How to manage anxious thoughts is what I’d like to talk about this week because absolutely no one is immune from them. There is nothing abnormal about having negative or critical thoughts occasionally. But anxiety can lead you to think this way all the time. The tricky thing is, when you’re trapped in a negative thought loop, it can be challenging to recognize your successes. How we think influences how we feel, and how we feel impacts our actions. It’s a concept called the Cognitive Triangle, and it’s at the core of Cognitive Behavioral Therapy (CBT).
The cognitive triangle looks like this:
The idea is that our thoughts influence our emotions, which in turn influence our actions. So, if we can change how we think, we can change how we feel and what we do. One of the goals of CBT is to help us learn how to manage anxious thoughts.
The first step towards changing your mind is to understand that they aren’t facts: they’re stories we can choose to believe or not… Unfortunately, most of these stories are full of flaws. They can be referred to as ‘thinking errors.’ Here are some of the most common types:
- All-or-nothing thinking: You see things in black and white, without any shades of gray. For example, you might tell yourself, “I’m a failure because I didn’t get an A on my test.”
- Overgeneralization: You take one negative event and assume it will always be true. For example, you might tell yourself, “I can’t do anything right.”
- Mental filter: You only see the negative aspects of a situation while filtering out the positive. For example, you might tell yourself, “That party was terrible. I’m never going to another one again.”
- Disqualifying the positive: You convince yourself that your positive experiences don’t count. For example, you might tell yourself, “I only did well on that test because it was easy.”
- Jumping to conclusions: You make assumptions without having all of the facts. For example, you might tell yourself, “She’s looking at me funny. She must think I’m stupid.”
You make a “big deal” out of things that are actually “small things.”
- Magnification (also called catastrophizing): You make a “big deal” out of things that are actually “small things.” For example, you might tell yourself, “I can’t believe I made that mistake. I’m such an idiot.”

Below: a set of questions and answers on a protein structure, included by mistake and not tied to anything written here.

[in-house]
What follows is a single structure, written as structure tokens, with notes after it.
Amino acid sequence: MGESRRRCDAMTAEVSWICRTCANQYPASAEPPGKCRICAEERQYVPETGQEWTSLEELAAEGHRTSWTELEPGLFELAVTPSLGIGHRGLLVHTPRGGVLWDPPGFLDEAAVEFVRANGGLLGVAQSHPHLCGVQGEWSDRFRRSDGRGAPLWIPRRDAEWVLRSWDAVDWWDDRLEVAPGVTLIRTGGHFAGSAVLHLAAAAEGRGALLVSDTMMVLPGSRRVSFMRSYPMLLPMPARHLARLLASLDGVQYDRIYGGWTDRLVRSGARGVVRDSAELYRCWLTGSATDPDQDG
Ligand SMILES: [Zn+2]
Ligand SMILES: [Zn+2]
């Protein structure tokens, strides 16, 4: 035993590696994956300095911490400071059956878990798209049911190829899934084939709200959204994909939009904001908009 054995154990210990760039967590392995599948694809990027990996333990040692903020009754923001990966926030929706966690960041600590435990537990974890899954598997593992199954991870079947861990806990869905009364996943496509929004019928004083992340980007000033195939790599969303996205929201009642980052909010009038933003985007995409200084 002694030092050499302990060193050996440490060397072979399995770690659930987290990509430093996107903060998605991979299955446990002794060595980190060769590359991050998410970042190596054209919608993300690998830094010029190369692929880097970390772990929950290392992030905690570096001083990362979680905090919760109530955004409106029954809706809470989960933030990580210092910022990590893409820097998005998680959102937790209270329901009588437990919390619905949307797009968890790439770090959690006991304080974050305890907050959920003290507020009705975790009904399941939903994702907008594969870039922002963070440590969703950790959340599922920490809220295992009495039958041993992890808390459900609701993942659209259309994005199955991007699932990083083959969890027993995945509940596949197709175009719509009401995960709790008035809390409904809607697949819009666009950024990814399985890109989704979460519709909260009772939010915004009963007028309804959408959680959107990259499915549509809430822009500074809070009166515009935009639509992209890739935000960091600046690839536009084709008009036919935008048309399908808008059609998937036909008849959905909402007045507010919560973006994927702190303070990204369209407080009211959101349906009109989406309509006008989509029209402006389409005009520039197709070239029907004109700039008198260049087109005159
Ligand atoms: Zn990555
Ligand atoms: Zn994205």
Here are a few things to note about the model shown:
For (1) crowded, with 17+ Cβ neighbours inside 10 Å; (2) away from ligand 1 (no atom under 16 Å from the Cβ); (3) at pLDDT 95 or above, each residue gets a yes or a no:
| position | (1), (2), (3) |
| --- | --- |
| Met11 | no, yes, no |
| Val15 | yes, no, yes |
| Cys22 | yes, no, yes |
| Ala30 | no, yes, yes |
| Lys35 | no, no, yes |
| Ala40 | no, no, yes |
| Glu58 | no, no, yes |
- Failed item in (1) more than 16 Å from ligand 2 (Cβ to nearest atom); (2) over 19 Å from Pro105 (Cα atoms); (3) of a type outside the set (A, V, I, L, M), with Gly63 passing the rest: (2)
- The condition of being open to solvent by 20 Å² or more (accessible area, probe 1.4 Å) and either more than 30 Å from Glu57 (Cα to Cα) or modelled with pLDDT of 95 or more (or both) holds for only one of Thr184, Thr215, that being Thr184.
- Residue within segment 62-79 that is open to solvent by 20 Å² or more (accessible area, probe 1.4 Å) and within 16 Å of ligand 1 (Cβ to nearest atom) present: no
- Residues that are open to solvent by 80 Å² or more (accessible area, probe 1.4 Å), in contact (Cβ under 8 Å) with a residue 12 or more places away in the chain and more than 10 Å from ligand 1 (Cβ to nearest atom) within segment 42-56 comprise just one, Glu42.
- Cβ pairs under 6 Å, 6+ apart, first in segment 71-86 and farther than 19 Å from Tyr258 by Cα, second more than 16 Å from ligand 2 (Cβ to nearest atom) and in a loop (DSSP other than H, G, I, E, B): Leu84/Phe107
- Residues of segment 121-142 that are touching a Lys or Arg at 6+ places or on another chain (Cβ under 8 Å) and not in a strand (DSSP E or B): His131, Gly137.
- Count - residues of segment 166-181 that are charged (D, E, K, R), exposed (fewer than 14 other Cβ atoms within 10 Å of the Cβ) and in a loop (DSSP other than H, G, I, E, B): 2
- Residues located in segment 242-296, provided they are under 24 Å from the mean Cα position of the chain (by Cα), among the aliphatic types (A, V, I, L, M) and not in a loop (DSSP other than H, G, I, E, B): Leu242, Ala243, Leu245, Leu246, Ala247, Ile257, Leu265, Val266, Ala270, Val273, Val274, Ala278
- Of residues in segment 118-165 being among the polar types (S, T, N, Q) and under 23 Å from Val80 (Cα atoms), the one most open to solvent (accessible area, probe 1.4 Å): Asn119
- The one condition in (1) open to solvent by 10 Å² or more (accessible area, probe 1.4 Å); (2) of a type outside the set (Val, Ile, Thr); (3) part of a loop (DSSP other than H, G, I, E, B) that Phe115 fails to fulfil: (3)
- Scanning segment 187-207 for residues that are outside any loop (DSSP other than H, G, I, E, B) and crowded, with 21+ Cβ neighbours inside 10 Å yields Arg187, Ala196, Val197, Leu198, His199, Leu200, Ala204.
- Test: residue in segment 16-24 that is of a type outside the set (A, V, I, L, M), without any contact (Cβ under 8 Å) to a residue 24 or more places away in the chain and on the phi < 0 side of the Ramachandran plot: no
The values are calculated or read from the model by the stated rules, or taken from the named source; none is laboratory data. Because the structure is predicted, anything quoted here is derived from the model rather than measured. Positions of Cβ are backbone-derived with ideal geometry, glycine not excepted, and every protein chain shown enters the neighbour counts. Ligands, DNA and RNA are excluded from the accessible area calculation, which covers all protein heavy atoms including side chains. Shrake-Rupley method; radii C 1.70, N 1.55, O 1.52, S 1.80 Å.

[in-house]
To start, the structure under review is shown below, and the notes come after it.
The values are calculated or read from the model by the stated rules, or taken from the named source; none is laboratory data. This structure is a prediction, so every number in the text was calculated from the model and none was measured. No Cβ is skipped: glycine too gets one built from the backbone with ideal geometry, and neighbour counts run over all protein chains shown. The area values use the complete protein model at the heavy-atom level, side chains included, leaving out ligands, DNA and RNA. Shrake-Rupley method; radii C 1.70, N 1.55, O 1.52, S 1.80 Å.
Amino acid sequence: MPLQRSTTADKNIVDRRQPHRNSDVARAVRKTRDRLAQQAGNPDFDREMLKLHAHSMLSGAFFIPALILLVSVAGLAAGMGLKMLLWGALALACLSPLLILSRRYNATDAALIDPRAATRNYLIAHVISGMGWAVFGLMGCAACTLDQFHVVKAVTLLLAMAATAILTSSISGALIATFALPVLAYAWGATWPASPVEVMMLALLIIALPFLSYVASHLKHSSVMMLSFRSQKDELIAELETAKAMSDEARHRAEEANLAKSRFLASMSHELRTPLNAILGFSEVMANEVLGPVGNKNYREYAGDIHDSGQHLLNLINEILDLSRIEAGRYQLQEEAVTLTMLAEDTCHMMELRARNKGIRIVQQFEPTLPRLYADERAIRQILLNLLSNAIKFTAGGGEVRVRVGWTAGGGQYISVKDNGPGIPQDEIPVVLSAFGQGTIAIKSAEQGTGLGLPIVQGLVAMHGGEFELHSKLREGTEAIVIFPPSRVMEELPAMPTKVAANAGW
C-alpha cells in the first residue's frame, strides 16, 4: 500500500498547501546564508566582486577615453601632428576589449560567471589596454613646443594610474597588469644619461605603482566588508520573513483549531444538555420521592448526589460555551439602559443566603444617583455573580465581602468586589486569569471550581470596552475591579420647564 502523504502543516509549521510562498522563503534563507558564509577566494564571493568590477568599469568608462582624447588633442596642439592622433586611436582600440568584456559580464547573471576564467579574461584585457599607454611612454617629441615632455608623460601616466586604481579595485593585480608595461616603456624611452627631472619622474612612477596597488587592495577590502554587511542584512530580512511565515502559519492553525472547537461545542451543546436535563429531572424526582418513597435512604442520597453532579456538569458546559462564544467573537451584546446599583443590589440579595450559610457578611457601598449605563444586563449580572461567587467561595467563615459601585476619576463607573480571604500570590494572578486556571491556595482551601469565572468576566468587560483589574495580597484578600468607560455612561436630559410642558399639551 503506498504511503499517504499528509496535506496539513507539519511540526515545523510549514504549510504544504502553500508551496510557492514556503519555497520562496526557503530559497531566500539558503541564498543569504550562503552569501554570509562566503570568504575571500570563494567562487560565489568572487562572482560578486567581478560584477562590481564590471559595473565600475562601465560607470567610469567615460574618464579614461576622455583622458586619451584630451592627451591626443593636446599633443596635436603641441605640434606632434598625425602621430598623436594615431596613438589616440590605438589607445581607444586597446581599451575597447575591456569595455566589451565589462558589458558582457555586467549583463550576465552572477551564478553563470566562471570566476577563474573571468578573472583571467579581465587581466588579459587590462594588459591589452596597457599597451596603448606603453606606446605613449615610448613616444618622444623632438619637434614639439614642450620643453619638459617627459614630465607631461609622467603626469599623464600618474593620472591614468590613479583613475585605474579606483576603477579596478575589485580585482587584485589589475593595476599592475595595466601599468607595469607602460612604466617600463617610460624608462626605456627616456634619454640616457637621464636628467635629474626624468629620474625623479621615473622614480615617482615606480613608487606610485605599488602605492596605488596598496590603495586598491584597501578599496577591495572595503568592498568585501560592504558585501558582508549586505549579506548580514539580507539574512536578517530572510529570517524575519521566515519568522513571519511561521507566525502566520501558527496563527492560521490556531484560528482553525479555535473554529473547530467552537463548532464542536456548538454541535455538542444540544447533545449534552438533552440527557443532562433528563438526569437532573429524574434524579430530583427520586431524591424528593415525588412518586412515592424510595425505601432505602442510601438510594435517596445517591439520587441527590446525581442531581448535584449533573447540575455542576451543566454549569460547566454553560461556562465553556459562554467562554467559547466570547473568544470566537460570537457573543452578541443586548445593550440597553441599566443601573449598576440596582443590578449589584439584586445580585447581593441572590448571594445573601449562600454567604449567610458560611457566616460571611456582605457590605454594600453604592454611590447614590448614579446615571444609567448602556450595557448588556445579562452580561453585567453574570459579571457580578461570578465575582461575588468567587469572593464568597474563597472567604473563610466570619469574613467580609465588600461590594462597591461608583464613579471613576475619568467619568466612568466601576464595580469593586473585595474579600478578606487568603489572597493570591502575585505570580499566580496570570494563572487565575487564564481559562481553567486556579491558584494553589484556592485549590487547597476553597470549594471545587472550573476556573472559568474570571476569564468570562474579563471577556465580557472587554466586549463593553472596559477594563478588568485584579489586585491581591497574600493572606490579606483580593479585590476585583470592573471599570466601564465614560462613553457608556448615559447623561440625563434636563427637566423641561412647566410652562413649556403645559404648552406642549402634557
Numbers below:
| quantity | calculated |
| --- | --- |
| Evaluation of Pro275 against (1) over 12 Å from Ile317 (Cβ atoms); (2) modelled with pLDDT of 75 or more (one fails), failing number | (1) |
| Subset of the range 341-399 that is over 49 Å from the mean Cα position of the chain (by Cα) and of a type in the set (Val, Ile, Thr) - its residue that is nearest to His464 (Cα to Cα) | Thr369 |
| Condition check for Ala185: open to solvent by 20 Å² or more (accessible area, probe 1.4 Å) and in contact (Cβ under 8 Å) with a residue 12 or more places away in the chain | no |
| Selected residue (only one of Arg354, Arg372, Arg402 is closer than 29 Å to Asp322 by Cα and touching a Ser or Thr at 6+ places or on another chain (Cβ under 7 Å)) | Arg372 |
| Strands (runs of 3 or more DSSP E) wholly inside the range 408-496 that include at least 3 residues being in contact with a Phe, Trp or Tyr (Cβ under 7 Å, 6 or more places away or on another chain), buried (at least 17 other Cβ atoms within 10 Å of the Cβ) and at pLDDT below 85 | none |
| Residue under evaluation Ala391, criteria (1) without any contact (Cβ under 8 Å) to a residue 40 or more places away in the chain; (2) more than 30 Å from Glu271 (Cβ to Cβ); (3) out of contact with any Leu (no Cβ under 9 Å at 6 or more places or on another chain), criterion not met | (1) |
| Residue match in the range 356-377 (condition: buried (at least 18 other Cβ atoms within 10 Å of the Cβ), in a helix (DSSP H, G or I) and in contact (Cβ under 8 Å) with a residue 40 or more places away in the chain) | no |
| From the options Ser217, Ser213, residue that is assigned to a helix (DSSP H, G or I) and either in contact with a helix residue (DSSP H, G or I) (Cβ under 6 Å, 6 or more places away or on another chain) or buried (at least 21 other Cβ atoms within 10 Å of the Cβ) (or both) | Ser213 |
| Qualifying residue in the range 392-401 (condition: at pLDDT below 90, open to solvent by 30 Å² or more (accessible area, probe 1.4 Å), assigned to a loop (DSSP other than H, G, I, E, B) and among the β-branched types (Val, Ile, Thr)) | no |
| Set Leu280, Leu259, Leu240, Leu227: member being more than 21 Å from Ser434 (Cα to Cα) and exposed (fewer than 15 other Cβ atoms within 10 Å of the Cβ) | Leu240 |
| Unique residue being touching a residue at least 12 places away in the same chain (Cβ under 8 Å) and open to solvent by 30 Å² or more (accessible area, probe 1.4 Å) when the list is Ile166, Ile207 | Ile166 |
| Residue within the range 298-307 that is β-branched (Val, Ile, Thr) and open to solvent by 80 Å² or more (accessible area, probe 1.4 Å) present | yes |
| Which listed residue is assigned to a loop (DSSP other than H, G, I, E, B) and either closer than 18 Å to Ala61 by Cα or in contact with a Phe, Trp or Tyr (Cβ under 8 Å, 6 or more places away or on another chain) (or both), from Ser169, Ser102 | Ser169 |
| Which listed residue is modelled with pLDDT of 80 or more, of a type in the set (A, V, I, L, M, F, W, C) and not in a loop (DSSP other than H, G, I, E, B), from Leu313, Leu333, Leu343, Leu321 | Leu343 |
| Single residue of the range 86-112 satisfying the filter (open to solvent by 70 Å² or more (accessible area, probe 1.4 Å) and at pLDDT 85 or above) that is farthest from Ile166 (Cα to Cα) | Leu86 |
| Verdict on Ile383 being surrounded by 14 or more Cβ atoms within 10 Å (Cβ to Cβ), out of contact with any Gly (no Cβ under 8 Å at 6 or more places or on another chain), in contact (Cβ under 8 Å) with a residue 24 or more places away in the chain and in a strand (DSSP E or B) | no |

- Emotional reasoning: You assume that your emotions are always accurate. For example, you might tell yourself, “I feel like a terrible person. Therefore, I must be a terrible person.”
- Should statements: You put pressure on yourself with shoulds, ought to’s, and musts. For example, you might tell yourself, “I should be able to handle this. I shouldn’t be feeling so anxious.”
- Labelling: You label yourself based on your mistakes. For example, you might tell yourself, “I’m a failure.”
- Personalization: You blame yourself for things that aren’t your fault. For example, you might tell yourself, “It’s my fault that she’s upset. I should have known better.”
These thinking errors can keep you trapped in a negative thought loop, feeling bad about yourself and your abilities.
How to manage anxious thoughts
If we can learn to notice when our anxiety is about to grab hold and remind ourselves that we are not our thoughts, that it’s just a thought – we have a better chance of keeping it in check. Because we hear our negativity so frequently, we start to accept it, believe it, and don’t stop and check in with ourselves to see if it’s true. If we can learn to catch our thoughts before they snowball into anxiety, we can prevent it from taking over.
One of the first steps in managing our anxiety is to train ourselves to question our thinking.
One of the first steps in managing our anxiety is to train ourselves to question our thinking by pulling on past experiences that have had positive results. Catch it, Check it, Change it.
For example, if we’re about to have an important meeting and our mind starts telling us “you’re going to screw this up,” we can ask ourselves “Has that ever happened before? What usually happens in meetings?” If we can remember times when we’ve done well in the past, it can help to remind us that our thoughts might not be accurate.
We can also try to catch our anxiety early by paying attention to our physical symptoms. For many of us, anxiety manifests itself in physical symptoms like a tight chest, increased heart rate, or butterflies in our stomach. If we can notice these symptoms early, it can be a sign that our anxiety is starting to take over and we can take steps to bring it back under control.
I realize the world of anxiety is more complicated than that, but with the help of a CBT therapist, trauma specialist, or whatever trained professional you chose to work with, you can learn how to manage anxious thoughts. If you’re struggling with anxiety, I encourage you to seek out a therapist who uses CBT. It’s an evidence-based treatment that has shown to be effective in treating anxiety and other mental health conditions.
If you’d like to read more about anxiety relief click here.